Are some types of siding “greener” than others? Perhaps. But assessing the environmental impact of our siding choices is difficult.
A full environmental assessment should look at:
- The environmental effects of extracting raw materials from the environment
- How much energy is used to extract the raw materials
- How much energy is used to manufacture, transport, and install the siding
- The extent to which the manufacturing process may endanger workers’ health
- The environmental effects associated with the siding installation
- The environmental effects associated with the long-term maintenance of the siding
- The carbon released into the atmosphere associated with each of these steps
(Sharp-eyed readers will note that I have failed to list all the relevant factors in an environmental assessment. But you get the idea.)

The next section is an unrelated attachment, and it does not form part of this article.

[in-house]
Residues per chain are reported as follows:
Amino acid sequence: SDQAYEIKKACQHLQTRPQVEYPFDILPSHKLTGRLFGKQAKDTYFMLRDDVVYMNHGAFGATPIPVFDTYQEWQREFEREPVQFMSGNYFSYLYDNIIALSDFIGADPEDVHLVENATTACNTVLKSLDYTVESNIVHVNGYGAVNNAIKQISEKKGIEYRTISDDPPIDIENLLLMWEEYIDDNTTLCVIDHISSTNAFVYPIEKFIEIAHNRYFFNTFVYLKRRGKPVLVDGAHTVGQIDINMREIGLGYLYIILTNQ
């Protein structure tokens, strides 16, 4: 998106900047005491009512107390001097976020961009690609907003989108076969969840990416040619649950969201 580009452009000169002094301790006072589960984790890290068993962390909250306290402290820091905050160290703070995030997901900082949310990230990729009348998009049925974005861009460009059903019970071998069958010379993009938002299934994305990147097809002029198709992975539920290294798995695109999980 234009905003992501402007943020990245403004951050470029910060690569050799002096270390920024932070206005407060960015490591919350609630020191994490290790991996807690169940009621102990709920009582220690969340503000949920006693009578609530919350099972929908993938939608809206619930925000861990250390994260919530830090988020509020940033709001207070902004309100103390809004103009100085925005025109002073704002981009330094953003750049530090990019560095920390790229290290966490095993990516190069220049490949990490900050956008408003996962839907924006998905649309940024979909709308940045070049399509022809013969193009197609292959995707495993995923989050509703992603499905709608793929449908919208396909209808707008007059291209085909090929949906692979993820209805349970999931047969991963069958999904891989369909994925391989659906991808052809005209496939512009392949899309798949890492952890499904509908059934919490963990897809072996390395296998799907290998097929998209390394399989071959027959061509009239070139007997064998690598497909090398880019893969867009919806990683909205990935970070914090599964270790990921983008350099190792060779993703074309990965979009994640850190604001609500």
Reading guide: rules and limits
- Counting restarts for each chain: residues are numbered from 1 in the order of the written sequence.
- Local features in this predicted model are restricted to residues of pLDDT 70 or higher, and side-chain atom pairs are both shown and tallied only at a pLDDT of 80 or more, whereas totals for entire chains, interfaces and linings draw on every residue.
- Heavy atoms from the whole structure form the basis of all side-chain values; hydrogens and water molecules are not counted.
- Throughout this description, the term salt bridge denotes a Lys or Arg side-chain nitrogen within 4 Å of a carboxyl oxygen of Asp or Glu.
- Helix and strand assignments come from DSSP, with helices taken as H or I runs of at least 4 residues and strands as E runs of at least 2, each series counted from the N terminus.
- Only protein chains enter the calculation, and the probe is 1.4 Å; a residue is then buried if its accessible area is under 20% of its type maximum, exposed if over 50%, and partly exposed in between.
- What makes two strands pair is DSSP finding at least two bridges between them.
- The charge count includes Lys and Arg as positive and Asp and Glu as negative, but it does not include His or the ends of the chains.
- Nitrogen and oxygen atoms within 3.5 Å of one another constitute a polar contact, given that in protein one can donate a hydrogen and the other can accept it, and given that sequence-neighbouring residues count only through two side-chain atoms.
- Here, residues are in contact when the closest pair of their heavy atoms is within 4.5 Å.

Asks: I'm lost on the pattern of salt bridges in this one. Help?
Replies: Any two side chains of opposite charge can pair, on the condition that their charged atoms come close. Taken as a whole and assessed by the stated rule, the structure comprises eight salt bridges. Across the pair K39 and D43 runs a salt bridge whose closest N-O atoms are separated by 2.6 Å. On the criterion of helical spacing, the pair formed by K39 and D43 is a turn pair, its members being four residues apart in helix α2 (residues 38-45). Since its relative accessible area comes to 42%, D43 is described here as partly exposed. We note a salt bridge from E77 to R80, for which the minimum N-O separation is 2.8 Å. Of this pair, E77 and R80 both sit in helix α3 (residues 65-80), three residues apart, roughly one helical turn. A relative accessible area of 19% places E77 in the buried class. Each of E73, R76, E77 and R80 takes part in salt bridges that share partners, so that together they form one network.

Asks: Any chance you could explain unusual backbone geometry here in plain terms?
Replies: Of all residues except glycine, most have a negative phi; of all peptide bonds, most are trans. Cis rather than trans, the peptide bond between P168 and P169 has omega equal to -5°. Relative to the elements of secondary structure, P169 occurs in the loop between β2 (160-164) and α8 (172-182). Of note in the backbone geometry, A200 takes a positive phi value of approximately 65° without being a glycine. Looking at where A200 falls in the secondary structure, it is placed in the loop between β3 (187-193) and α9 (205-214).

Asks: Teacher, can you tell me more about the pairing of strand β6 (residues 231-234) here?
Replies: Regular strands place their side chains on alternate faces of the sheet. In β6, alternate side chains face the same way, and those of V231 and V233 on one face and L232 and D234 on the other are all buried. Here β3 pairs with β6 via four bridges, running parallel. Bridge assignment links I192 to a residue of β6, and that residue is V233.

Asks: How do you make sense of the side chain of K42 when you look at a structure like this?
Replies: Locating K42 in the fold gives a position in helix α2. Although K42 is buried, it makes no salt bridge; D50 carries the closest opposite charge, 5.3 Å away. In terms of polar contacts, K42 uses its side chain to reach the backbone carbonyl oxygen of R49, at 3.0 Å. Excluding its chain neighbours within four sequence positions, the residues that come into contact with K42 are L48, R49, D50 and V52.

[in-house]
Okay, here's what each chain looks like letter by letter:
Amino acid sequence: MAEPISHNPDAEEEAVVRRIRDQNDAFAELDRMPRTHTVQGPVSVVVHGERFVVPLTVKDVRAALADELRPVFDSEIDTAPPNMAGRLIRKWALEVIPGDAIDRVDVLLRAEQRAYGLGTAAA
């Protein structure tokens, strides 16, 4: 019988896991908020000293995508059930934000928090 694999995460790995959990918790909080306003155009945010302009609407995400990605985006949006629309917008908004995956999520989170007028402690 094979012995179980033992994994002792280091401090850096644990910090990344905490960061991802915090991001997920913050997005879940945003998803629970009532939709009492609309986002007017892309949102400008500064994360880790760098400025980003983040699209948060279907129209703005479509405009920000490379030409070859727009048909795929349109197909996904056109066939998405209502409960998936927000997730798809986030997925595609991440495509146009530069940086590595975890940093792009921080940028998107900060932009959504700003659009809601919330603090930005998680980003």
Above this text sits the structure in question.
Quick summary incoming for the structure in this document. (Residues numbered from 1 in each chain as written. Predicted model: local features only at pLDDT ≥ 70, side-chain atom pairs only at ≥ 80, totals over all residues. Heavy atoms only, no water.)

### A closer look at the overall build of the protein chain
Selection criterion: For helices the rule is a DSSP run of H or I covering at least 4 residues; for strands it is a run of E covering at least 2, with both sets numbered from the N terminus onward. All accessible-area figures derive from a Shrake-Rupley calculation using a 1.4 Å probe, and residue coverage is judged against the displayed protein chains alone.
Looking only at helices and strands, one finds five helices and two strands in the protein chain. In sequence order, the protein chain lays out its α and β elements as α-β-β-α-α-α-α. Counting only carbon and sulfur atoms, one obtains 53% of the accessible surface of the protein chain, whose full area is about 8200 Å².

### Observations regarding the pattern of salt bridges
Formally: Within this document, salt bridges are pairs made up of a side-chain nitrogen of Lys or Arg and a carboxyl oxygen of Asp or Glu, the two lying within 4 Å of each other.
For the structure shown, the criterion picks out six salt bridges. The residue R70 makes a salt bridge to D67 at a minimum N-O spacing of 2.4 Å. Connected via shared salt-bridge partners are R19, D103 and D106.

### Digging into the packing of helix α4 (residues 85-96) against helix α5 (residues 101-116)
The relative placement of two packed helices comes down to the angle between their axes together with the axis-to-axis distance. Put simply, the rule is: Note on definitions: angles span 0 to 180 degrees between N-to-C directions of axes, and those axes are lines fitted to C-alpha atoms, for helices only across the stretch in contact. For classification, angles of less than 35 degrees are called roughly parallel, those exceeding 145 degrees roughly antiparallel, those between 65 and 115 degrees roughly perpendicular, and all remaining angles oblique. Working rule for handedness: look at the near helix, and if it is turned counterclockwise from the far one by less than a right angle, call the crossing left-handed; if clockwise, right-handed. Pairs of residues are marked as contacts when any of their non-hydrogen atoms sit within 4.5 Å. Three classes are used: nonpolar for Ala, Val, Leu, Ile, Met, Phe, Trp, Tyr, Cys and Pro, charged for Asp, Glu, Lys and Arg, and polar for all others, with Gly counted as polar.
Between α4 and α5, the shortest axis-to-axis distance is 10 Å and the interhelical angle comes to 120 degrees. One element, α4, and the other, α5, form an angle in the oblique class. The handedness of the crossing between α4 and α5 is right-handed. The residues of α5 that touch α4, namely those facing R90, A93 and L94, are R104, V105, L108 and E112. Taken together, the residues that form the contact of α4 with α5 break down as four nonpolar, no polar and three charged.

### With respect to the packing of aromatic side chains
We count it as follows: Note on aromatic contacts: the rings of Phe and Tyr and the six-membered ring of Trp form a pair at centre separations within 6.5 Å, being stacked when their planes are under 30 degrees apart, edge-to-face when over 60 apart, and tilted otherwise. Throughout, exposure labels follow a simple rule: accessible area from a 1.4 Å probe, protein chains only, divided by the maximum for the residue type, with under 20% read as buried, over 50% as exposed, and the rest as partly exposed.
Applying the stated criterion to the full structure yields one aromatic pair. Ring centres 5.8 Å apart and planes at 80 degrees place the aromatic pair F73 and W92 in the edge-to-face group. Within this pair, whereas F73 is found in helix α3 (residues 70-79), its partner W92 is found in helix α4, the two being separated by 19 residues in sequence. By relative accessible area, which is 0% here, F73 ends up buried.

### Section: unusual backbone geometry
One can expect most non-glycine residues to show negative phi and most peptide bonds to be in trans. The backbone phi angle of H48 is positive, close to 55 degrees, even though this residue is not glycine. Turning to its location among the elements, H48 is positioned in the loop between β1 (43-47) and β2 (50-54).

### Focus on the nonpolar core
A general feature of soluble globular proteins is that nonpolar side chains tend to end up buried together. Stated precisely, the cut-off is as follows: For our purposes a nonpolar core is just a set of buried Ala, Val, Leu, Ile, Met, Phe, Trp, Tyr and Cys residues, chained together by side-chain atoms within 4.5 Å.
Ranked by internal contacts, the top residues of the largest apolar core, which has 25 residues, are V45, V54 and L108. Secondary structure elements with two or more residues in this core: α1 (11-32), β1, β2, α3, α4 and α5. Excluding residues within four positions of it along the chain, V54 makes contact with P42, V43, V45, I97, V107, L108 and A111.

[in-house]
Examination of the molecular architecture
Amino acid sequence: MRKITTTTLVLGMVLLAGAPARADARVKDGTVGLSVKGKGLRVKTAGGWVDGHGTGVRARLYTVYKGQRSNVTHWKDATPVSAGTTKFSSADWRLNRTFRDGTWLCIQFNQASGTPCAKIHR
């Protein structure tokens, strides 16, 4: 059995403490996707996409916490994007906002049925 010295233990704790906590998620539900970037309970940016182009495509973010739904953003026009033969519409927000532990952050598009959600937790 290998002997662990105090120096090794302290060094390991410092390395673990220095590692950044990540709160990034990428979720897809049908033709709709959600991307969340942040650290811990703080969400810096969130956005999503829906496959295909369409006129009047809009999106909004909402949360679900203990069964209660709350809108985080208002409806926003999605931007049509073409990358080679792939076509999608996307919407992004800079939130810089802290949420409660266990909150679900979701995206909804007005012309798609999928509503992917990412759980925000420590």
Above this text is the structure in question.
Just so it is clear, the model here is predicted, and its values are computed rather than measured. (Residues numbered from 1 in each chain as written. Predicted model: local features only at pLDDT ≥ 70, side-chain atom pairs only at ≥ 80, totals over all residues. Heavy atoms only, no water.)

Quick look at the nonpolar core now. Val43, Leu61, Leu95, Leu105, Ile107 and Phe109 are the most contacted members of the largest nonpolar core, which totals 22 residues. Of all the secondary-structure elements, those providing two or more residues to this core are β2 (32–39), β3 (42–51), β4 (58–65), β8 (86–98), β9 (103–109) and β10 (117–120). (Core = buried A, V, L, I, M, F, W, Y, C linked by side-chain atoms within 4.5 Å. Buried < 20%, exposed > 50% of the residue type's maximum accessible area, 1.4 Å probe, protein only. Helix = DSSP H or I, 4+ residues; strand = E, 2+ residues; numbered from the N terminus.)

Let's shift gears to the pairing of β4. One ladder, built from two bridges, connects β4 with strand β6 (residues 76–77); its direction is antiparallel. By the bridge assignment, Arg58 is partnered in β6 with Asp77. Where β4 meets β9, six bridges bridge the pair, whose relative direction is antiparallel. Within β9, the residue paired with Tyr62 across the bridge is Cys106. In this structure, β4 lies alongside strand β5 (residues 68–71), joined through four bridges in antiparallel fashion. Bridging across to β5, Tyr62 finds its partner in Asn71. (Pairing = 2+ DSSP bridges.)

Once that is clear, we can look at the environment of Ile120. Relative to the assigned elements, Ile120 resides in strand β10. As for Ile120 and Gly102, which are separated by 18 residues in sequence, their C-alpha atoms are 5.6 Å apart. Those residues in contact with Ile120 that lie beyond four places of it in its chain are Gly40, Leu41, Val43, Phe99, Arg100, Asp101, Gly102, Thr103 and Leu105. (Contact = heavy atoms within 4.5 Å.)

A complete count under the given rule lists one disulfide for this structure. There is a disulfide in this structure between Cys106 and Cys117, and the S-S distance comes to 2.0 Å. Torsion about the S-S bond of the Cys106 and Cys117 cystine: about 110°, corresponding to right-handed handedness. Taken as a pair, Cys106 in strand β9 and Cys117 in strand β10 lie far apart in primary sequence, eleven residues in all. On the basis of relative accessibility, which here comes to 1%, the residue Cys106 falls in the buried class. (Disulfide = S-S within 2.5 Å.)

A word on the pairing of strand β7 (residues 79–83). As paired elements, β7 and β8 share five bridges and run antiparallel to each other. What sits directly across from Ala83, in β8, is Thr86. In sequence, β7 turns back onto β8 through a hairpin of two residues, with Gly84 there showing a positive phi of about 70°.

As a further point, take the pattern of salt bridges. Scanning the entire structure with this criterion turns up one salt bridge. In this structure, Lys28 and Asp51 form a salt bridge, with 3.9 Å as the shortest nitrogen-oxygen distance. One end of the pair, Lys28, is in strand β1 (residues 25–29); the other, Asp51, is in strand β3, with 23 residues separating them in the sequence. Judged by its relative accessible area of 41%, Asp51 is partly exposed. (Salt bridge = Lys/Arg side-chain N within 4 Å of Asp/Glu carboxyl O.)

Intuition isn’t very helpful here. While it’s true that wood and stone are “natural” choices, that doesn’t necessarily mean that installing red cedar siding or stone veneer has a low environmental impact. For example: do you know whether the loggers who are now cutting red cedar trees are environmentally responsible? Would our forests be healthier if these trees were allowed to keep growing rather than cut down for lumber?
Responsible harvesting or resource extraction is just one element of this type of assessment. Installation methods also matter—in part because installation methods affect siding longevity. Properly installed, stone veneer might last a century—or it might have to be demolished after only six years, if sloppy installation practices lead to water entry that rots the underlying OSB sheathing.
Adopting a wide perspective
For a variety of reasons, I don’t believe it is particularly instructive to base siding decisions on an attempted environmental impact assessment. In my opinion, if you want to be environmentally responsible:
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